superbia

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See also: supèrbia

Italian[edit]

Etymology[edit]

Borrowed from Latin superbia.

Noun[edit]

superbia f (plural superbie)

  1. pride
  2. haughtiness
  3. pomposity

Related terms[edit]


Latin[edit]

Etymology[edit]

From superbus (haughty, proud).

Pronunciation[edit]

Noun[edit]

superbia f (genitive superbiae); first declension

  1. pride, haughtiness, arrogance
  2. conceit, vanity
  3. rudeness, discourtesy

Usage notes[edit]

While superbia generally refer to pride in a negative sense, it can also mean it in the good sense.

Inflection[edit]

First declension.

Case Singular Plural
nominative superbia superbiae
genitive superbiae superbiārum
dative superbiae superbiīs
accusative superbiam superbiās
ablative superbiā superbiīs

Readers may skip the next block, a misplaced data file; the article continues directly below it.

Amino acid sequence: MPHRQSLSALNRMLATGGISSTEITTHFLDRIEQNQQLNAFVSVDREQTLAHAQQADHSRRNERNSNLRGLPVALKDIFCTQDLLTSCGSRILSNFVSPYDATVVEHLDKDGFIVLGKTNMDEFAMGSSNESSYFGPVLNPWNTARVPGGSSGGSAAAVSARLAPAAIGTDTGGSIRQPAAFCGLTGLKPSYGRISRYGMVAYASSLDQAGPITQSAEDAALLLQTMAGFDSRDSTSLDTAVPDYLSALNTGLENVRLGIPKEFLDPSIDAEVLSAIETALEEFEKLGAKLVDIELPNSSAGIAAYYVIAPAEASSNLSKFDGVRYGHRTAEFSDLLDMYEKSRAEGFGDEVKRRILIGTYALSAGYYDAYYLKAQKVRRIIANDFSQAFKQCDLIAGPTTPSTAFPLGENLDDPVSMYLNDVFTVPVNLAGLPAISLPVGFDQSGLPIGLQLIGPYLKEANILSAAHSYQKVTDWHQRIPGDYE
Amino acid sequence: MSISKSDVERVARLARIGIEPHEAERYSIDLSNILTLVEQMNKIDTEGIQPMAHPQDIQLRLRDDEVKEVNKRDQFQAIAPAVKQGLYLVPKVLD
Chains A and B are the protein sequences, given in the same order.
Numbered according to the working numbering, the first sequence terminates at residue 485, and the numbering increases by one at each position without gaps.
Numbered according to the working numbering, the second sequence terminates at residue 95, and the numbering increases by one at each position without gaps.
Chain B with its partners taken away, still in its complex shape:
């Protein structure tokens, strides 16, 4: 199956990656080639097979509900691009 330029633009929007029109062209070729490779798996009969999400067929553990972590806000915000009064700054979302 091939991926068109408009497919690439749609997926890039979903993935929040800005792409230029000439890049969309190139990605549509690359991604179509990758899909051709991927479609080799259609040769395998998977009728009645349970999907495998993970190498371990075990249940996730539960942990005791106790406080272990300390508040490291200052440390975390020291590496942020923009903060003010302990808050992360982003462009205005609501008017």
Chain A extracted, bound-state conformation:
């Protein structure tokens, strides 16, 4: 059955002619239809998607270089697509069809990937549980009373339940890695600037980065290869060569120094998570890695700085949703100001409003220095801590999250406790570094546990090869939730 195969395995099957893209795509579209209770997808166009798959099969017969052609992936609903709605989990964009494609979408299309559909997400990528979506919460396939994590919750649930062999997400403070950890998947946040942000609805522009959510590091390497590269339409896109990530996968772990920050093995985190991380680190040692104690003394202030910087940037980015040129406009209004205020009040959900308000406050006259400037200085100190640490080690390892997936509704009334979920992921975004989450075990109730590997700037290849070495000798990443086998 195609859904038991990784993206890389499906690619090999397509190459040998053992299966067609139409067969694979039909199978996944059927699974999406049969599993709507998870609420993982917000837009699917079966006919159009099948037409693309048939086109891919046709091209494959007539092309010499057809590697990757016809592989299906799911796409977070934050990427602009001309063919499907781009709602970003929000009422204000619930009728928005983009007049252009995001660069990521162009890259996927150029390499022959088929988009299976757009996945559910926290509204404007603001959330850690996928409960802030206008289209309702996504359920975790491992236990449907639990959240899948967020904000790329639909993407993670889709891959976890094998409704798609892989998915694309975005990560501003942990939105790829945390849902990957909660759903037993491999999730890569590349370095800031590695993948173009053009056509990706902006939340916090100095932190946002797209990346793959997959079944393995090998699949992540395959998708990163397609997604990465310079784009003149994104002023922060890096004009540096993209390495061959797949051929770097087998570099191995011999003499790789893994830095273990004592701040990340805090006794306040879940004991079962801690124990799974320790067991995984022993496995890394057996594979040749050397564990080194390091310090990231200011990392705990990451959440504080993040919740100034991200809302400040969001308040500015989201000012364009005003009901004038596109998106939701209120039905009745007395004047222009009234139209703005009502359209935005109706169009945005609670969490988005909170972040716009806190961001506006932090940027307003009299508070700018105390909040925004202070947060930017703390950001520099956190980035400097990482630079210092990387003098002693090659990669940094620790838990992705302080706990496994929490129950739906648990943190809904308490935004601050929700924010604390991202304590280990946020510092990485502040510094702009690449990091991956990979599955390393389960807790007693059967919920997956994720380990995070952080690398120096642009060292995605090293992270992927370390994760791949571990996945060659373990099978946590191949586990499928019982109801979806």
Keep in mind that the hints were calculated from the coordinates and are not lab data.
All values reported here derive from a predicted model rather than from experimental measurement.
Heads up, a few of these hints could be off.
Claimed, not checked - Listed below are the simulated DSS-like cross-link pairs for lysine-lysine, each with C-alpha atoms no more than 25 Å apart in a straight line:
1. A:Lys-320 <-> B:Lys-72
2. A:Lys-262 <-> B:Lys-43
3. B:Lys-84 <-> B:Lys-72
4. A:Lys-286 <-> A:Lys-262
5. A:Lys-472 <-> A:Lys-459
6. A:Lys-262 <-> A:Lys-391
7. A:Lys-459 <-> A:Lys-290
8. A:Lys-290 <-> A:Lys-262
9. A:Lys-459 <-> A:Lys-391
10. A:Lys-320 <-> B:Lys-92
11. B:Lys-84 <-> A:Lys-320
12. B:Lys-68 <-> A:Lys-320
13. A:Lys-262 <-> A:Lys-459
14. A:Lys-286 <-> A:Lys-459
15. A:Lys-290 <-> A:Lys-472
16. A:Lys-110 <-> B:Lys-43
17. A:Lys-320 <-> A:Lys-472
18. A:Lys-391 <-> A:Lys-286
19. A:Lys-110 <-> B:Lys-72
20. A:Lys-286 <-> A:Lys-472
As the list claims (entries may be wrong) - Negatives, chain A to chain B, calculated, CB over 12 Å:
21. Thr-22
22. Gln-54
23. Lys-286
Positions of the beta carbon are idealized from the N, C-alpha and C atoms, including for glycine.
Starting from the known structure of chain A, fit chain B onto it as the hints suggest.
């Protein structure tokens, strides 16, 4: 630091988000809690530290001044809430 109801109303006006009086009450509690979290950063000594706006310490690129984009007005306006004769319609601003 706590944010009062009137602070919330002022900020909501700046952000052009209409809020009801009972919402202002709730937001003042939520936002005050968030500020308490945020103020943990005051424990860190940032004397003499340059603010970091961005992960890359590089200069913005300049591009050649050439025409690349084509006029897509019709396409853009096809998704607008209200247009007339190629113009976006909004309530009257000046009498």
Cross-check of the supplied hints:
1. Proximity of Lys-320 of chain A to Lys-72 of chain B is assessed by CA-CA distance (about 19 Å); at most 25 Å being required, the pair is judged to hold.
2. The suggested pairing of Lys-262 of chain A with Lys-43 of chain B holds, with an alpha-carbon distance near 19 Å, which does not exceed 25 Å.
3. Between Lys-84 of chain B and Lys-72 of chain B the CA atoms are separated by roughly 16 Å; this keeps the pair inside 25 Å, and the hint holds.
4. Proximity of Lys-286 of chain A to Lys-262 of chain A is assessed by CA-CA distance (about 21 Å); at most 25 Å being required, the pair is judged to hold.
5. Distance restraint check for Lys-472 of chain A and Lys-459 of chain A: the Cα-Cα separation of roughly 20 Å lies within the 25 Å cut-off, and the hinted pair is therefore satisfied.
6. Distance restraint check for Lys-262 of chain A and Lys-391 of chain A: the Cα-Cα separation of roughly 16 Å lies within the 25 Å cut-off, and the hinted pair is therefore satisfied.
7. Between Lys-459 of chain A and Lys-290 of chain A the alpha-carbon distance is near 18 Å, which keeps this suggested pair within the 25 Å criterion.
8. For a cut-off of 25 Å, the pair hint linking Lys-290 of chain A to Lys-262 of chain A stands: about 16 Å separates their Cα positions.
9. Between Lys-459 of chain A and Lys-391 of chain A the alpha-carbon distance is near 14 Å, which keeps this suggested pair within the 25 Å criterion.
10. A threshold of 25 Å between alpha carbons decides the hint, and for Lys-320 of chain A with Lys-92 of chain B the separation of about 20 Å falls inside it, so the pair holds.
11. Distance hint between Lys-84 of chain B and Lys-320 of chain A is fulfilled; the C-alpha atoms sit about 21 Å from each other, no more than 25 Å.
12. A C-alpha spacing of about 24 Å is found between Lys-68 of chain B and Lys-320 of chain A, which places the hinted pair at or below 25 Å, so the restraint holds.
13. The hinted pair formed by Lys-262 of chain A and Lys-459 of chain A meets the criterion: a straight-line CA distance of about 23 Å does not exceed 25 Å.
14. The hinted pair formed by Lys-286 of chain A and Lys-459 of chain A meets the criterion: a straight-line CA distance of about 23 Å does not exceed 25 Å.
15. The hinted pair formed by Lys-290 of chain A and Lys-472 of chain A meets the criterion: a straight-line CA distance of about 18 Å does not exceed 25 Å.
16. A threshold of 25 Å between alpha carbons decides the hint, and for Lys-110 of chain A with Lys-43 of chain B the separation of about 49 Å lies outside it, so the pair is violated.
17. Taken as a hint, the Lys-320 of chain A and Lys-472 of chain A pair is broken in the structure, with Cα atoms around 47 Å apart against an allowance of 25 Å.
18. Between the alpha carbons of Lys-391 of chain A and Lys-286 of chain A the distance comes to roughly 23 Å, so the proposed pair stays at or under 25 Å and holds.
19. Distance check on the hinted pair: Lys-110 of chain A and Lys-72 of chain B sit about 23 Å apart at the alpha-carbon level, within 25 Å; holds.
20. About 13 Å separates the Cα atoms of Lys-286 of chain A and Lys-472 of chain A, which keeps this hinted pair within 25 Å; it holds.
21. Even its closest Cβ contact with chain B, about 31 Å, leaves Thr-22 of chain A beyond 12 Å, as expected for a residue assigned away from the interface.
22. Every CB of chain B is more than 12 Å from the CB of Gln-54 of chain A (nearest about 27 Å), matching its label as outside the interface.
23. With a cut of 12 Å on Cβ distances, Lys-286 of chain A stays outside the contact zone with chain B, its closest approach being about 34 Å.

vocative superbia superbiae

Related terms[edit]

Descendants[edit]

References[edit]

  • superbia in Charlton T. Lewis and Charles Short (1879) A Latin Dictionary, Oxford: Clarendon Press
  • superbia in Charlton T. Lewis (1891) An Elementary Latin Dictionary, New York: Harper & Brothers
  • du Cange, Charles (1883), “superbia”, in G. A. Louis Henschel, Pierre Carpentier, Léopold Favre, editors, Glossarium Mediæ et Infimæ Latinitatis (in Latin), Niort: L. Favre
  • superbia” in Félix Gaffiot’s Dictionnaire Illustré Latin-Français, Hachette (1934)
  • Carl Meissner; Henry William Auden (1894) Latin Phrase-Book[1], London: Macmillan and Co.
    • to be puffed up with pride: insolentia, superbia inflatum esse